Tech entrepreneur Charles Koo holds a doctorate from Stanford University in computer science, engineering economic systems and project management. In 1999, he founded iMedica Corp., a Mountain View, Calif.-based electronic medical-records company that initially targeted the physician small-group market.
Koo says he still will sell systems to one- and two-physician buyers, but the company's marketing focus these days is on midsize group practices of five to 25 physicians.
"I've got so many different scars, in small to medium to large (practice sizes), they all have their problems," Koo says, but he notes the small-group and solo markets are particularly tough.
"First, you have to reach them," he says. "The PC magazines get to all the computer geeks, but they're not geeks. The trade magazines don't reach the lower end, so you have to have feet on the street. You have to pound on doors, one at a time."
And that's the first problem, getting time to see them.
"These doctors, the onesies and twosies, are the businesses themselves," he says. "When a patient comes in that's critical, they have to drop everything, including a meeting that you scheduled two months ago with a plane ride to come in."
Then there is the issue of cost. For what Koo describes as "a bona fide, enterprisewide system," the cost per physician runs from $7,000 to $10,000 for the software license alone and around $15,000 to $35,000 per physician for the total package, including training.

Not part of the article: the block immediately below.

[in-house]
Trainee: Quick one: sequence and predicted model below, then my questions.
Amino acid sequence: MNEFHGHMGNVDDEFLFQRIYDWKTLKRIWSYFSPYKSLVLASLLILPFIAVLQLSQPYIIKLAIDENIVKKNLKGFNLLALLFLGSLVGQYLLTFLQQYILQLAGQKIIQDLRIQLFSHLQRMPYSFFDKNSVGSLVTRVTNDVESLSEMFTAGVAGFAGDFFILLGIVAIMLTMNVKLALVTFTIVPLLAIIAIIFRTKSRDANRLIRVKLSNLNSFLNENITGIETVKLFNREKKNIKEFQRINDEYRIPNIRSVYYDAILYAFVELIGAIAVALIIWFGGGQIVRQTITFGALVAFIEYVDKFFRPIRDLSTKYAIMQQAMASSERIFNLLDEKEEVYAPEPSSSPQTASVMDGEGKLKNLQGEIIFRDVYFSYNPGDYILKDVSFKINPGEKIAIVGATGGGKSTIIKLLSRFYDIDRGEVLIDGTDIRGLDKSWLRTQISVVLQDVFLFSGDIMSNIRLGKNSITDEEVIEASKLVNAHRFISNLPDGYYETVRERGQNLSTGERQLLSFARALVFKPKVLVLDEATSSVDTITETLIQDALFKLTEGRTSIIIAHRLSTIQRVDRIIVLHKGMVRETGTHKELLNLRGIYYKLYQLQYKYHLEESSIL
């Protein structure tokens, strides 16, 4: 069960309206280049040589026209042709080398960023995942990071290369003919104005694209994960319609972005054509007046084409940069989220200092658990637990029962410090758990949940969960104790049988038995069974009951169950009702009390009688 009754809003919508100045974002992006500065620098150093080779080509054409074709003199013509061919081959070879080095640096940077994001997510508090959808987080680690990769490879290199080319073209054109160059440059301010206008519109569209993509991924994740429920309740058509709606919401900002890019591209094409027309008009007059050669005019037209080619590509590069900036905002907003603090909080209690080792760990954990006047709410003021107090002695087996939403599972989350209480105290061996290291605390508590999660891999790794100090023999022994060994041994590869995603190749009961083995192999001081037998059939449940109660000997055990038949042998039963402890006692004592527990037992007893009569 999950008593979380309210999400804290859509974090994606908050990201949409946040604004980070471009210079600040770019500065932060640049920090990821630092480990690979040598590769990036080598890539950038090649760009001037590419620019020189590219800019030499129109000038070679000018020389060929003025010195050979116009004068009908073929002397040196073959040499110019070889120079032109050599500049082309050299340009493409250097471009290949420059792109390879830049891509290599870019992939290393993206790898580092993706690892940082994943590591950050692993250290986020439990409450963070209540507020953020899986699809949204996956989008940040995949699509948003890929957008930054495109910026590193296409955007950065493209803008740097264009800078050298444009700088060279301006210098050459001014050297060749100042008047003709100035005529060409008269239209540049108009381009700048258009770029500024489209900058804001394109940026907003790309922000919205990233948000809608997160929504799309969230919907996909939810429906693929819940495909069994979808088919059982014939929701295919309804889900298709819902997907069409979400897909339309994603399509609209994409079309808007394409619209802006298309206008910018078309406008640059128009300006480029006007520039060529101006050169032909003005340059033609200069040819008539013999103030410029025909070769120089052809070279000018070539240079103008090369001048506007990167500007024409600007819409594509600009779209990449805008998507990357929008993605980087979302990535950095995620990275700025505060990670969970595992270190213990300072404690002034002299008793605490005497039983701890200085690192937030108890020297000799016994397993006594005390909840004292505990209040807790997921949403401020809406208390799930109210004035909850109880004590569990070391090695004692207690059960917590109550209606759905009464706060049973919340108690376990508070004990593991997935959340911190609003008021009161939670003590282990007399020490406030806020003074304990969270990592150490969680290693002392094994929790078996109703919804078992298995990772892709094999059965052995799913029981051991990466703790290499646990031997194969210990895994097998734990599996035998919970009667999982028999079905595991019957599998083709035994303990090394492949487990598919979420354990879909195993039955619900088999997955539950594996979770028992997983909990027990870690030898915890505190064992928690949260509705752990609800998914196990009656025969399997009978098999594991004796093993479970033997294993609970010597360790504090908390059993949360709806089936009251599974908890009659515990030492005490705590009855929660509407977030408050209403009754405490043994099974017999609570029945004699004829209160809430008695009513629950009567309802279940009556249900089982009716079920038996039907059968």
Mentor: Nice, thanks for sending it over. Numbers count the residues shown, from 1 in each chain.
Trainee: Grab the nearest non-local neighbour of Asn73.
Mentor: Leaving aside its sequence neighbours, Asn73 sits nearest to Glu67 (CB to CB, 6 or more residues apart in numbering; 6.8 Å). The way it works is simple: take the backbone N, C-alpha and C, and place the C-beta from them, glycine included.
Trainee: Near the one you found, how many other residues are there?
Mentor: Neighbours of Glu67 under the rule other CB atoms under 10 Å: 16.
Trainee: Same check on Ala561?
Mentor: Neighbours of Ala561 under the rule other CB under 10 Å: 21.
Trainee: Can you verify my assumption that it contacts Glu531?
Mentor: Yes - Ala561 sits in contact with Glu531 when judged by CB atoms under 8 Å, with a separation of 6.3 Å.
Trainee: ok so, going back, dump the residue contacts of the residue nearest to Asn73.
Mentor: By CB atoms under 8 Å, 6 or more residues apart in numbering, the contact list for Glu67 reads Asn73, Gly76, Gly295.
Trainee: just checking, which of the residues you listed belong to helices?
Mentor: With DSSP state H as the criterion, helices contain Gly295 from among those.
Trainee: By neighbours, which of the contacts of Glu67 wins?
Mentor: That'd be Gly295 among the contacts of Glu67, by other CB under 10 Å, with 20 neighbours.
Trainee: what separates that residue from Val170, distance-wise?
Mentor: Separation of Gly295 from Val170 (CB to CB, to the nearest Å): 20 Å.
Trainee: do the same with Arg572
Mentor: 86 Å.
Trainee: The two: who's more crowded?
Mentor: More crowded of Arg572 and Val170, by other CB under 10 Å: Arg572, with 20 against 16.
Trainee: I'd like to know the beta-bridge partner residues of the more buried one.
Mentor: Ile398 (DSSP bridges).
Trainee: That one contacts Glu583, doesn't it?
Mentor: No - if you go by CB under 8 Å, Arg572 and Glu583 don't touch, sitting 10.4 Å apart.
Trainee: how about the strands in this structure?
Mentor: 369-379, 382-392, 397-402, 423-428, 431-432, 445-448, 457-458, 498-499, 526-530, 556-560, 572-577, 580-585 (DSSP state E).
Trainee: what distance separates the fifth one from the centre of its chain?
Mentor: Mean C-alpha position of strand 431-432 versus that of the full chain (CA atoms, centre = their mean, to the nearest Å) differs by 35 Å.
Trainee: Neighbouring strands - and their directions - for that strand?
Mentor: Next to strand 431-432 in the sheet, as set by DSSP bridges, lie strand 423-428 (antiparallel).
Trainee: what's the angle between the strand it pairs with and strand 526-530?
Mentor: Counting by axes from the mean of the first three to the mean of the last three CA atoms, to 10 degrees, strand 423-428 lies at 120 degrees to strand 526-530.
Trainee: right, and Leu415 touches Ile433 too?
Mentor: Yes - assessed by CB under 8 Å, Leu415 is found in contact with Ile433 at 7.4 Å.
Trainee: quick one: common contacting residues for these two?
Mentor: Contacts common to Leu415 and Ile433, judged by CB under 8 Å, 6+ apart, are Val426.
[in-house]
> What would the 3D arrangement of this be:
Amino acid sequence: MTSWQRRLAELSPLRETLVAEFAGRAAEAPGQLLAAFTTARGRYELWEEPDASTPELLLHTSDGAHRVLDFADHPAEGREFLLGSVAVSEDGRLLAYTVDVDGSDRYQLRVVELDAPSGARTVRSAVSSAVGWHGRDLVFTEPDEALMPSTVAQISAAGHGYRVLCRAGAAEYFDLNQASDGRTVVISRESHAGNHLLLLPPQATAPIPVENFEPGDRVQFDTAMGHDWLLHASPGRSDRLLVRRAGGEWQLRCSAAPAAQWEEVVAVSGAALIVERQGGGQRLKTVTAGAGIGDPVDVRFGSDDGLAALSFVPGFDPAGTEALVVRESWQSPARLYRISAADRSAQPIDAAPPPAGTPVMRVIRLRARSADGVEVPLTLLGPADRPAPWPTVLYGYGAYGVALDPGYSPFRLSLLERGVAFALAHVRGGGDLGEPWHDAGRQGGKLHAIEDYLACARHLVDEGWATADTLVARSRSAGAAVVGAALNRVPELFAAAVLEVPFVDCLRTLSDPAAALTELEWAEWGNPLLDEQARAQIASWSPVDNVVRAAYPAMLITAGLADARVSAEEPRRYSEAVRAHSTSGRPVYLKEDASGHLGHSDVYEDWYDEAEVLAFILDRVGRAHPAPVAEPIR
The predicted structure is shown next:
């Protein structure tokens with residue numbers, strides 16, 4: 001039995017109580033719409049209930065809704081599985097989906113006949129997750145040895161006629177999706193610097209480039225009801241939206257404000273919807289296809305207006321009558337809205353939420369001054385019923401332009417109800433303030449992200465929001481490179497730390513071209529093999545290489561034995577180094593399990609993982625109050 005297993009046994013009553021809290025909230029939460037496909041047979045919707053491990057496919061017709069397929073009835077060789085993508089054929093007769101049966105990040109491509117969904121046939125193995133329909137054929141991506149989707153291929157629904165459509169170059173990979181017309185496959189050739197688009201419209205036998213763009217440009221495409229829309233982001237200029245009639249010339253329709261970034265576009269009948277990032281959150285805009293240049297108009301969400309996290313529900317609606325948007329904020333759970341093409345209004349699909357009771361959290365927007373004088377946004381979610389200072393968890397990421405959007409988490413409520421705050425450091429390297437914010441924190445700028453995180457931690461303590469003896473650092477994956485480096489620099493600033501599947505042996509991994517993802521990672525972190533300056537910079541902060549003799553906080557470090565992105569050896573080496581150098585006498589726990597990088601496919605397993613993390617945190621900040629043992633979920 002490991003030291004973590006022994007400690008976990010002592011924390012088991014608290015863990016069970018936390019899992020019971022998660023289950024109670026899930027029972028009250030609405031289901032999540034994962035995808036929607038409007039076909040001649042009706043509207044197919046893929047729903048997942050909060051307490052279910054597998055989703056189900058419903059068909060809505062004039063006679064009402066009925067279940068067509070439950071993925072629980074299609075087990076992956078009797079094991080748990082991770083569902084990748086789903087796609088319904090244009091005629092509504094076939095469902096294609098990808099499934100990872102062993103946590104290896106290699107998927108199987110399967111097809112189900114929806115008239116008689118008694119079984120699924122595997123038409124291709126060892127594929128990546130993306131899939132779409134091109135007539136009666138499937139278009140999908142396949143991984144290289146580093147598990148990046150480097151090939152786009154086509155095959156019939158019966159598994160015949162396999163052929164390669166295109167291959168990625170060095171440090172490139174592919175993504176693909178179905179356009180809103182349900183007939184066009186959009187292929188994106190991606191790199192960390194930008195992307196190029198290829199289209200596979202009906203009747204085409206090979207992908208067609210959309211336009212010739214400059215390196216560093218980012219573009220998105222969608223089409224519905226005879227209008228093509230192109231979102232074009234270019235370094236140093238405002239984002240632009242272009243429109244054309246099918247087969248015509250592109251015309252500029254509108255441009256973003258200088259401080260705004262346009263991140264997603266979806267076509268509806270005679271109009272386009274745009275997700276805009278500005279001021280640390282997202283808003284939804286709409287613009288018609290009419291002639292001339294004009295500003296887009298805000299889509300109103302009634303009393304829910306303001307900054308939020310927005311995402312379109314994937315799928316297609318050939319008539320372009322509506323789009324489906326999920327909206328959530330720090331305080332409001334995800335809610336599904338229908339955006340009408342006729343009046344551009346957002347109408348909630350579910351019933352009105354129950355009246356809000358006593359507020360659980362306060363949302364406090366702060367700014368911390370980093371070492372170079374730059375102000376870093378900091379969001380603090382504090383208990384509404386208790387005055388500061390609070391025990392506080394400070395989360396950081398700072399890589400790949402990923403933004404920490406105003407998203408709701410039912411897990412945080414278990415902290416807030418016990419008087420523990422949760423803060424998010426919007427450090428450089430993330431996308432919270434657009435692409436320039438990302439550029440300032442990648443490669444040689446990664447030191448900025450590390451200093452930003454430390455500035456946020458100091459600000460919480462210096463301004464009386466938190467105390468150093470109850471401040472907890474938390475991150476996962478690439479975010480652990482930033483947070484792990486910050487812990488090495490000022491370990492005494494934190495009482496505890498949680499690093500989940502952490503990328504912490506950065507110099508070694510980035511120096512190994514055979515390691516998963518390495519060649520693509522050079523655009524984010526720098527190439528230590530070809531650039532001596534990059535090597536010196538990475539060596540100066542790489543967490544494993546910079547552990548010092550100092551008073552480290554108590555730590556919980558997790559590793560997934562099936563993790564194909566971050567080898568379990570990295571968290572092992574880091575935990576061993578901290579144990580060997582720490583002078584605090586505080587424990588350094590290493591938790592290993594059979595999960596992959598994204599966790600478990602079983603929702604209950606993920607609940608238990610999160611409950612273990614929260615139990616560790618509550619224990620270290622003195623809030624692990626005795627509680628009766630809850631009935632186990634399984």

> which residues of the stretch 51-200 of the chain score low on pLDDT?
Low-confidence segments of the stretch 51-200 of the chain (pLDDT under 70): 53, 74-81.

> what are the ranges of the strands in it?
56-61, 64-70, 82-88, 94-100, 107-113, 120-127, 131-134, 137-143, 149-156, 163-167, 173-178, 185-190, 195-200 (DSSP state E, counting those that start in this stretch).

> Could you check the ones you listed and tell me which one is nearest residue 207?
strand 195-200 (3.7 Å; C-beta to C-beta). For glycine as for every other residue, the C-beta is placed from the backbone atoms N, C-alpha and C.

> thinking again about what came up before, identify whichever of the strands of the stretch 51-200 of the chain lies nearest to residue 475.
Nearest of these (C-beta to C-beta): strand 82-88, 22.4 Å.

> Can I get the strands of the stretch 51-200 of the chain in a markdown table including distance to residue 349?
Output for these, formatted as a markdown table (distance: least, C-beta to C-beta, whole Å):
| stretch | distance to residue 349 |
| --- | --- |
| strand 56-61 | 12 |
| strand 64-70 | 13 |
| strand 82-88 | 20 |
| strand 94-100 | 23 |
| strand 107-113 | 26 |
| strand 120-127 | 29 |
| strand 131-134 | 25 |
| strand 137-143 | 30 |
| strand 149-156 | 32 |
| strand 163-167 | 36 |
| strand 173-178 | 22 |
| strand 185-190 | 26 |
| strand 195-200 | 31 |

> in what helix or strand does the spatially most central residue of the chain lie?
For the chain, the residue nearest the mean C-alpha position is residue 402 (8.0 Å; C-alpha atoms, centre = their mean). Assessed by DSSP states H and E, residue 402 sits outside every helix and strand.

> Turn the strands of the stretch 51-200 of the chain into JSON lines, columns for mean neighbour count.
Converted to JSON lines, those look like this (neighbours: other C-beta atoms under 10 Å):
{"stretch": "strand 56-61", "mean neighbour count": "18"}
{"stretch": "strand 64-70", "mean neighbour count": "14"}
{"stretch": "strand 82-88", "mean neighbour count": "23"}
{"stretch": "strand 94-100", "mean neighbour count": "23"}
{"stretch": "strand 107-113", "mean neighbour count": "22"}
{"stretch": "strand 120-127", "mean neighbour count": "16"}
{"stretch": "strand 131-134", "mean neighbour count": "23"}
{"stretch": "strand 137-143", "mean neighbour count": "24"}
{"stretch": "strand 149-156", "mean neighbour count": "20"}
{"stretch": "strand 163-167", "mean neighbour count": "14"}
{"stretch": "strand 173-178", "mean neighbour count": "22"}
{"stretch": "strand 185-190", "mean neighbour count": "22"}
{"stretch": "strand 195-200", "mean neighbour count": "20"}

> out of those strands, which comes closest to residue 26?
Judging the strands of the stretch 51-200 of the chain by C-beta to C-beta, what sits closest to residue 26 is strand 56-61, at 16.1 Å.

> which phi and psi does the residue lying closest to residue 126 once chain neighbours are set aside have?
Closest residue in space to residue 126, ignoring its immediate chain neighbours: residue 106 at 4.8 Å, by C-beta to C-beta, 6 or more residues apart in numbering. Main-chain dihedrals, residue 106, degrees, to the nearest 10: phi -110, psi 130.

"It's not something you're going to reach into your wallet and pull out," Koo says. "That's why it takes a lot of sophisticated selling." And repeat sales calls.
"Everyone asks a lot of questions," he says. "Nobody's going to make a decision on the spot."
Four years ago, a sales cycle from first contact to closing a sale would take maybe nine months, he says. Today, even with heightened interest and lower sales resistance, "If I were to guess, it's four months, to say the least."
A vendor, if it wants to sell nationally, needs to position its sales force within regions to reduce travel costs and improve efficiencies. But even flying out of regional sales offices to call on just one or two doctors "may not be justified if you have to make three or four trips to make one sale," Koo says.
Finally, there is the question of customer service and tech support. A small-group practice can't afford to have a full-time tech wizard on staff, and frequently no one in the office has technical expertise, so the EMR company has to provide a certain amount of very basic hand-holding.
Koo remembers receiving a call from a physician reporting that a 2-week-old system had suddenly quit.
"The doctor actually hired his 17-year-old nephew to 'streamline the network,' and after he did the system stopped running," he says.
"Even a simple thing like the printer doesn't work, they call you when they didn't have paper put in. That's killing us, but at the same time, you can?t charge for that. They don?t want to pay for the IT charge."
Koo says a firm could raise prices to cover the higher expenses of penetrating the small-practice market, but then the limits of what a physician can afford become a factor. "Everything said and done, it's pretty bad economics," he says.
Koo calls Central Utah Multi-Specialty Clinic's plan to serve as a reseller of site licenses intriguing (See story on p. 4).
"We can do that," Koo says.